JsonObject.hpp:     In instantiation of 'ArduinoJson::Internals::List<Arduino...
JsonObject.hpp:305:         required from 'ArduinoJson::Internals::List<JsonP...
JsonObject.hpp:311:         required from 'typename ArduinoJson::Internals::J...
JsonObject.hpp:172:         required from 'typename ArduinoJson::TypeTraits::...
JsonObjectSubscript.hpp:64: required from 'typename ArduinoJson::Internals::J...
JsonVariantCasts.hpp:52:    required from 'ArduinoJson::JsonVariantCasts<TImp...
MyProgram.ino:132:          required from here

The bottom of the stack is the same as for the first error, meaning that the same line generated two compiler errors. We already looked at this line, and it’s not apparent why it has any relation to StringTraits<const int&>. To understand further, we need to unroll the stack: start from the bottom and climb up one line after the other.

The next instantiation (second from the bottom of group B) is:

JsonVariantCasts.hpp:52: required from
  'ArduinoJson::JsonVariantCasts<TImpl>::operator T() const
    [with T = char*;
          TImpl = ArduinoJson::JsonObjectSubscript<const int&>]'

Again, the meaning is probably very obscure to you, so let’s move to the next instantiation (third from the bottom):

JsonObjectSubscript.hpp:64: required from
  'typename ArduinoJson::Internals::JsonVariantAs<T>::type
    ArduinoJson::JsonObjectSubscript<TKey>::as() const
      [with TValue = char*;
            TStringRef = const int&;
            ArduinoJson::Internals::JsonVariantAs<T>::type = const char*]'

This line starts to make sense. First, we see the char* and const char* that were causing the first error. Then, we see something very suspicious: TStringRef = const int&, which means that a template type named TStringRef has been set to const int&. From the name TStringRef, we can infer that a string reference is expected, but it is currently set to an int reference.

Let’s look at the next instantiation (fourth from the bottom):

JsonObject.hpp:172: required from
  'typename ArduinoJson::TypeTraits::EnableIf<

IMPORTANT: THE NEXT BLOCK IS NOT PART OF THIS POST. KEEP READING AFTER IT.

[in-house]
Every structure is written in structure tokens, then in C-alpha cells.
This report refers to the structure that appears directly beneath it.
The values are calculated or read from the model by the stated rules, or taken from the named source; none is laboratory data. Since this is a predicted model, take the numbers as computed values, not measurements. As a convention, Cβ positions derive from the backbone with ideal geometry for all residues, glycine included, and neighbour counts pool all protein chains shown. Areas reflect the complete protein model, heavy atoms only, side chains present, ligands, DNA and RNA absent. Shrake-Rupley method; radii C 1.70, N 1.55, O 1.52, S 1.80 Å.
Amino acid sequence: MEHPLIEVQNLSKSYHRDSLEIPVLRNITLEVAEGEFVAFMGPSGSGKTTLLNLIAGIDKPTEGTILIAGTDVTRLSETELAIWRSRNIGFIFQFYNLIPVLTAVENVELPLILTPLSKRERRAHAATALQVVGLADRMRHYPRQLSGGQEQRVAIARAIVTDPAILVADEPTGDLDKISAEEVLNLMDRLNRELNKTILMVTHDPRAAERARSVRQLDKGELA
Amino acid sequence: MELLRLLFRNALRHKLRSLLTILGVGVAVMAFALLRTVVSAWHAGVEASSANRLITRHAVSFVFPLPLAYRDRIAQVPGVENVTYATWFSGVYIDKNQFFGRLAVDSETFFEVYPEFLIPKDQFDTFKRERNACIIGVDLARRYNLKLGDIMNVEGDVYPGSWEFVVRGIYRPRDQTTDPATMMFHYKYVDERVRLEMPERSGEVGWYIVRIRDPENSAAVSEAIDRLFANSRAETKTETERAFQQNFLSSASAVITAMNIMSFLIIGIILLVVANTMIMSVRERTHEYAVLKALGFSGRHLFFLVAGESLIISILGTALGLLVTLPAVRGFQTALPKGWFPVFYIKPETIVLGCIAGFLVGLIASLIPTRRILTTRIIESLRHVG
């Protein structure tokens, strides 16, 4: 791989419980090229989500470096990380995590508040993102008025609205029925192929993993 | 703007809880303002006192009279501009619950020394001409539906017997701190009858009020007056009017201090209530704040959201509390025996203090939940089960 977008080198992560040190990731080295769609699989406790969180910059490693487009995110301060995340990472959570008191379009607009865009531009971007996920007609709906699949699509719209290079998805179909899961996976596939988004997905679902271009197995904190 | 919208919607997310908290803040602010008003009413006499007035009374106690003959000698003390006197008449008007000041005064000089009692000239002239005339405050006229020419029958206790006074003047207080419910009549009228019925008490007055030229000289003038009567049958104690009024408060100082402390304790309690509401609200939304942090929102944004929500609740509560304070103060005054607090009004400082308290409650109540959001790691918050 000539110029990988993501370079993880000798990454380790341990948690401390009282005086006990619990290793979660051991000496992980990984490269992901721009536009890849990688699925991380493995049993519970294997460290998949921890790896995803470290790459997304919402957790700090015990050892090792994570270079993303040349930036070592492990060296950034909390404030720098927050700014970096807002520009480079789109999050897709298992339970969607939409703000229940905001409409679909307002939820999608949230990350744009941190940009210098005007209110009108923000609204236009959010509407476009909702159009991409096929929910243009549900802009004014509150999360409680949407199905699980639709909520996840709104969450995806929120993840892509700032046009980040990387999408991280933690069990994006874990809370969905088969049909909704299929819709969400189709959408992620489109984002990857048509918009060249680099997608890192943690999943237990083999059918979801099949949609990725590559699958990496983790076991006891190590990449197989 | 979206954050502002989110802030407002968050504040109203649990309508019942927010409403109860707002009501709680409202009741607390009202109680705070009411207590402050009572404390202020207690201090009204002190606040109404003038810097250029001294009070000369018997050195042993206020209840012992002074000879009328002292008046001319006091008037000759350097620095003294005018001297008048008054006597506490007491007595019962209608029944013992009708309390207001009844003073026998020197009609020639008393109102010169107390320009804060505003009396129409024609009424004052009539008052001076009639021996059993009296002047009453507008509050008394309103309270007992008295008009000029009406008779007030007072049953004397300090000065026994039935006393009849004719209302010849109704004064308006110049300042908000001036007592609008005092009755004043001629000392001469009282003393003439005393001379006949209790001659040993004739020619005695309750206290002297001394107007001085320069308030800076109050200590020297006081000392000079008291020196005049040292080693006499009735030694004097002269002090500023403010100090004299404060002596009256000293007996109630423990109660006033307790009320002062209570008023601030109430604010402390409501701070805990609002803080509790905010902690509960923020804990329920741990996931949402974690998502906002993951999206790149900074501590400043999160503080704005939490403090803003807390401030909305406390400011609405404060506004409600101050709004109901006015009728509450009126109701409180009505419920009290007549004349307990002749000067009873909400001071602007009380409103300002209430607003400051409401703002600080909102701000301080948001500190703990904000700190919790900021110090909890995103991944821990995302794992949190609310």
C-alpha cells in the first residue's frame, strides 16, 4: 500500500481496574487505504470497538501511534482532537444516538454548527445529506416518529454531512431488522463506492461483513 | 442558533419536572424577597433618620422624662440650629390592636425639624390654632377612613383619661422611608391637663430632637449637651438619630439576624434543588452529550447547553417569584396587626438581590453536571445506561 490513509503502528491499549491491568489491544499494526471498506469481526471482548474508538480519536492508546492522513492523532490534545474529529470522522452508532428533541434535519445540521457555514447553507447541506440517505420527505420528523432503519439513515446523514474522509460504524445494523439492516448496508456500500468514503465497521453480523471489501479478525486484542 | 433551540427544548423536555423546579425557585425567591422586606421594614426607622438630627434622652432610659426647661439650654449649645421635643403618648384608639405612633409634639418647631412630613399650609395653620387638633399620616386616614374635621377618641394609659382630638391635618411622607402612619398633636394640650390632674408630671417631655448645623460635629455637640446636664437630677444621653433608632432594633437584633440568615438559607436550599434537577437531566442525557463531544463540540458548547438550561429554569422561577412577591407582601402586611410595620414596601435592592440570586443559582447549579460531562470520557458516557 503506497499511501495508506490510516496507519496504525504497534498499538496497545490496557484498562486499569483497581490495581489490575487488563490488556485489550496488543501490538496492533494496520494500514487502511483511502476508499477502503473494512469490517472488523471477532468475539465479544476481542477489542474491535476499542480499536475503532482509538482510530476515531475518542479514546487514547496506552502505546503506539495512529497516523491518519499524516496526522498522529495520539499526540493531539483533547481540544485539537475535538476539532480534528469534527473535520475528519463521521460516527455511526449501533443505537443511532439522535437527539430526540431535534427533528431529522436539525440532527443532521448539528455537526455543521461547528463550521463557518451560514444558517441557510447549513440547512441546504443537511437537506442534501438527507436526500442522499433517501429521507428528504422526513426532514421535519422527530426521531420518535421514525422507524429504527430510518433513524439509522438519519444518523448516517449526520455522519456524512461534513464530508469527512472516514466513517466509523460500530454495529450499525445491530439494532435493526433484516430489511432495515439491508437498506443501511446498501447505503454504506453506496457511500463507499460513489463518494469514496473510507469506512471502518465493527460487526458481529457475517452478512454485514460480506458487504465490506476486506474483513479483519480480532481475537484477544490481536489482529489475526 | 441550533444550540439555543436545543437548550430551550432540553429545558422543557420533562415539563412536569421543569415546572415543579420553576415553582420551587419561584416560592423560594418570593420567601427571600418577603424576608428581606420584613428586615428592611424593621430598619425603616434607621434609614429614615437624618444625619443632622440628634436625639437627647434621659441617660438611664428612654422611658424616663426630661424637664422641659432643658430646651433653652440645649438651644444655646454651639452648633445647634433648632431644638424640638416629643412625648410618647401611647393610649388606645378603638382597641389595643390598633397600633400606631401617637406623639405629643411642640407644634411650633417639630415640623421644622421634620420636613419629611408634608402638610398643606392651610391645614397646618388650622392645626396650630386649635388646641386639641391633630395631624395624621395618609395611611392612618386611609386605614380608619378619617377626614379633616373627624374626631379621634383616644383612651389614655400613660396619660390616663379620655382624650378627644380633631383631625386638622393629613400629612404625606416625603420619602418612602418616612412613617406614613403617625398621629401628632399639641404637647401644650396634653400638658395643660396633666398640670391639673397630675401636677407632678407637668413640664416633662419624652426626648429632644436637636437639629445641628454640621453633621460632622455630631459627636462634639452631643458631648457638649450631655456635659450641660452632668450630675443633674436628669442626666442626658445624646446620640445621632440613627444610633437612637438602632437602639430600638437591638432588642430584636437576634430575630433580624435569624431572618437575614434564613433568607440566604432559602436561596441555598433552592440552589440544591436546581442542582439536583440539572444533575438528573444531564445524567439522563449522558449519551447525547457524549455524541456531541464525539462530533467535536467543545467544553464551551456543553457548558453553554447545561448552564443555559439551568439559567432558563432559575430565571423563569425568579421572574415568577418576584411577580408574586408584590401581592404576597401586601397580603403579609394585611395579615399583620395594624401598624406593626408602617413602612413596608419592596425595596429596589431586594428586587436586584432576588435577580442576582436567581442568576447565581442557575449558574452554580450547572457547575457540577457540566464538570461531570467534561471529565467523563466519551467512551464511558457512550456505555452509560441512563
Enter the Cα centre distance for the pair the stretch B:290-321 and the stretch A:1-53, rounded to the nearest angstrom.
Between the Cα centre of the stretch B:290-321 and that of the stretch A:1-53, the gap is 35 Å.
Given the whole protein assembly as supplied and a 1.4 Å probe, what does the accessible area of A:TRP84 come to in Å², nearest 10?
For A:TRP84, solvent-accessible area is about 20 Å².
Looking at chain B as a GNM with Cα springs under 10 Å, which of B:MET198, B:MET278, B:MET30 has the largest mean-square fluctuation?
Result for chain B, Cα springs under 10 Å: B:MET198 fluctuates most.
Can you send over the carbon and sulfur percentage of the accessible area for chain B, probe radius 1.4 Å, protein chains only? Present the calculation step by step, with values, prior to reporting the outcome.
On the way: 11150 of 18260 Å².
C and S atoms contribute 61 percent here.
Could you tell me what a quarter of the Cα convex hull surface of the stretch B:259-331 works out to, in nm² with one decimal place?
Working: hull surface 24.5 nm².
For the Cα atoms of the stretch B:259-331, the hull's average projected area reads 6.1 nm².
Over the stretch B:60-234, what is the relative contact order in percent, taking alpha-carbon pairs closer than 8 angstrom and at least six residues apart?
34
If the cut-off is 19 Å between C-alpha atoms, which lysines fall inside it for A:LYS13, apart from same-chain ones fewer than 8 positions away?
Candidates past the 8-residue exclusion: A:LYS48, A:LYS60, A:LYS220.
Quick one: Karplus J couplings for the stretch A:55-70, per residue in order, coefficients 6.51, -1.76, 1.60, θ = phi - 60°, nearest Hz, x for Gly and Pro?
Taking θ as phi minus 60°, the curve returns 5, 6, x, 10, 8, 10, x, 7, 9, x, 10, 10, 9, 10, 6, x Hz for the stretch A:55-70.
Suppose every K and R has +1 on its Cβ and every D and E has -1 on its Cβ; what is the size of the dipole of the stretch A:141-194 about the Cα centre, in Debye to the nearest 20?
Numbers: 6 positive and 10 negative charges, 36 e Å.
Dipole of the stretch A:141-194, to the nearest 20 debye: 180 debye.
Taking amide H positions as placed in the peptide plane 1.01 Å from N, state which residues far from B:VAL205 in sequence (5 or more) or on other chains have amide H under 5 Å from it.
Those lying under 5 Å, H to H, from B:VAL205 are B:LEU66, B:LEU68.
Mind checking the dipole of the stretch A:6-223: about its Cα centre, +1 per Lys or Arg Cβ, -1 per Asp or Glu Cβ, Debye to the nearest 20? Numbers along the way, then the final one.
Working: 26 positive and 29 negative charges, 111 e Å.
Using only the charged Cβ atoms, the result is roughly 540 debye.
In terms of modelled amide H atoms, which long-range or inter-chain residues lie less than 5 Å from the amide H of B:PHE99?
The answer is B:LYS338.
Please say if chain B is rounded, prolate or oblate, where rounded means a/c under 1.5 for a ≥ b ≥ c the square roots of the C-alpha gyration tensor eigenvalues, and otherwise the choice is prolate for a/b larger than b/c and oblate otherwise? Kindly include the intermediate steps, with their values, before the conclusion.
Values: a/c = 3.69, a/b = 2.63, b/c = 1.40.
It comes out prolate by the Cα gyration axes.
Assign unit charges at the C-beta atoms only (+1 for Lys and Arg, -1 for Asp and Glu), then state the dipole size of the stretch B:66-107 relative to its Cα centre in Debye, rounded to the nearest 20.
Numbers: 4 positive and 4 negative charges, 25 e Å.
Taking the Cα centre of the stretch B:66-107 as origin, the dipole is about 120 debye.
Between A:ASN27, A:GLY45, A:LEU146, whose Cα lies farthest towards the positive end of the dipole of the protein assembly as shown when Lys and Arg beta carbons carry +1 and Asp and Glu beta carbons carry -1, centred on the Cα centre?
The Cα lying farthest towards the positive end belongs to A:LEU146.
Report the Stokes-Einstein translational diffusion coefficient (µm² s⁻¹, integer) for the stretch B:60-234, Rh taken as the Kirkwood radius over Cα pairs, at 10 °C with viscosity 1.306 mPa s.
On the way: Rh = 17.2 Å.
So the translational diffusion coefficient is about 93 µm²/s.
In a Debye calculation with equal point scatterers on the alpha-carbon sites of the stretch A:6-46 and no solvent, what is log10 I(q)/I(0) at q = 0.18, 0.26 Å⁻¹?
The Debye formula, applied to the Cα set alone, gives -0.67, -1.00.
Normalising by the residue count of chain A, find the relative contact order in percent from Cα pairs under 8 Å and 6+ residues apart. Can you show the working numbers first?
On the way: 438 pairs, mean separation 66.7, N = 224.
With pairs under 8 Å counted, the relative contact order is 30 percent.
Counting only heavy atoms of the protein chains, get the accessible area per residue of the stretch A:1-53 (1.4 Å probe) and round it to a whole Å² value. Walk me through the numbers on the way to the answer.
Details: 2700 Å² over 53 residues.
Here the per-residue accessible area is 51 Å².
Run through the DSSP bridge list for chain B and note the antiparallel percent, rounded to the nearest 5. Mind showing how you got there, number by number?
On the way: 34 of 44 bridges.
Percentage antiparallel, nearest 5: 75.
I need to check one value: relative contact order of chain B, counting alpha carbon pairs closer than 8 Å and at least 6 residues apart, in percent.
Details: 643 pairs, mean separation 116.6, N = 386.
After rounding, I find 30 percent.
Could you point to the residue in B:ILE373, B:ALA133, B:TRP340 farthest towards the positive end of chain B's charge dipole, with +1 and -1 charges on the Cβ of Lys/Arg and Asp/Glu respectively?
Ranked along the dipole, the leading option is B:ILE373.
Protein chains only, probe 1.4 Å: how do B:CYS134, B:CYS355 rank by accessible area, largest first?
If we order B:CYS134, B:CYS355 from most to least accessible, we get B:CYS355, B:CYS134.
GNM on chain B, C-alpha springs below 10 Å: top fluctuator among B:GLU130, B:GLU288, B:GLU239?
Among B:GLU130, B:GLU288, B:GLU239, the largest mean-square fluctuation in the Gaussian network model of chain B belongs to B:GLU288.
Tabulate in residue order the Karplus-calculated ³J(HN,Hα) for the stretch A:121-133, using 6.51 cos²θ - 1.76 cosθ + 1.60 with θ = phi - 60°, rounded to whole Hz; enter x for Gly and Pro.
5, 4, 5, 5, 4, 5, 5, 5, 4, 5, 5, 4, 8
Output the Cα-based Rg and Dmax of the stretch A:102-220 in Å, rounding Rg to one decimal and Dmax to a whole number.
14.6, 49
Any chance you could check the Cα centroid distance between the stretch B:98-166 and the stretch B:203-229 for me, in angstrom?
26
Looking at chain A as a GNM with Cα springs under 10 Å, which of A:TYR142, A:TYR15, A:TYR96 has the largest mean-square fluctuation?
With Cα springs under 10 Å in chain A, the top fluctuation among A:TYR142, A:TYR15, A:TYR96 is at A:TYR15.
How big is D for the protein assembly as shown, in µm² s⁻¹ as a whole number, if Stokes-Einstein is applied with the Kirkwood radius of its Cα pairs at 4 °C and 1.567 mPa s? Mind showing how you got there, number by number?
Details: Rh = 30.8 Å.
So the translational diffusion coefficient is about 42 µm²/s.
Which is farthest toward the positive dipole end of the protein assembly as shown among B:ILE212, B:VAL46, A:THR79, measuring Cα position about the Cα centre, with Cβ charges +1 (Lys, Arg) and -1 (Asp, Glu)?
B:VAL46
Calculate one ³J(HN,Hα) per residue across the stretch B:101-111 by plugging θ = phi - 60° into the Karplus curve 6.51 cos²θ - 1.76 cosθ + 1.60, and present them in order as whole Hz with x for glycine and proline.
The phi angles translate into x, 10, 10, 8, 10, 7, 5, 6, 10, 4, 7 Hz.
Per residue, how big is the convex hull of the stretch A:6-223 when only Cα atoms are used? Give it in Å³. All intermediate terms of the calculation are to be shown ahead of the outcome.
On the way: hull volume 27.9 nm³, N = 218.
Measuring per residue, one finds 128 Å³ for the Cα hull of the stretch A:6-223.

(! ArduinoJson::TypeTraits::IsArray<TString>::value),
    typename ArduinoJson::Internals::JsonVariantAs<T>::type>::type
  ArduinoJson::JsonObject::get(const TString&) const
    [with TValue = char*;
          TString = int;
          ArduinoJson::Internals::JsonVariantAs<T>::type>::type = const char*]'

This line is very long, please focus on the middle part, where we see a call to JsonObject::get(). Let’s go back to our original program; here is line 132 of MyProgram.ino:

char* value = obj[key];

During the compilation phase, this statement was transformed into the following:

char* value = obj.get<char*>(key);

The transformation occurred in the two first instantiations: JsonVariantCasts.hpp:52 and JsonObjectSubscript.hpp:64.

But this call to JsonObject::get(const TString&) is problematic. Indeed, the compiler says TString = int, which means the template type TString was deduced as int, whereas a string is expected.

The bug is now right before our eyes: the variable key is not a string, it’s an int!

Indeed a JsonObject is indexed by a string, and ArduinoJson doesn’t support accessing a key-value pair by its index. To fix this error, we must change the type of the variable key to one of the supported string types: const char*, String


In this article, we saw how GCC (the compiler used by Arduino) presents the errors: there is the error message, the instantiation stack, and the inclusion stack.

We saw that to understand what caused the error, we need to start with the error and unroll the instantiation stack until it makes sense.

For a seasoned C++ programmers, this was a piece of cake. But for a programmer that has never been in contact with templates, this can be a lot to swallow. Don’t worry, this will pass quickly, after one or two analysis of this kind, it’ll become a second nature :-)

Want to learn more?

If you liked this article, you should check out my book Mastering ArduinoJson; it explains everything there is to know about the library and a lot more.

In fact, this article is a section from the “Troubleshooting” chapter, but there are a lot of other C++ related stuff. In particular, the book begins with a quick C++ course; this chapter will refresh you with pointers, references, and memory management, which are very common sources of pain among Arduino developers.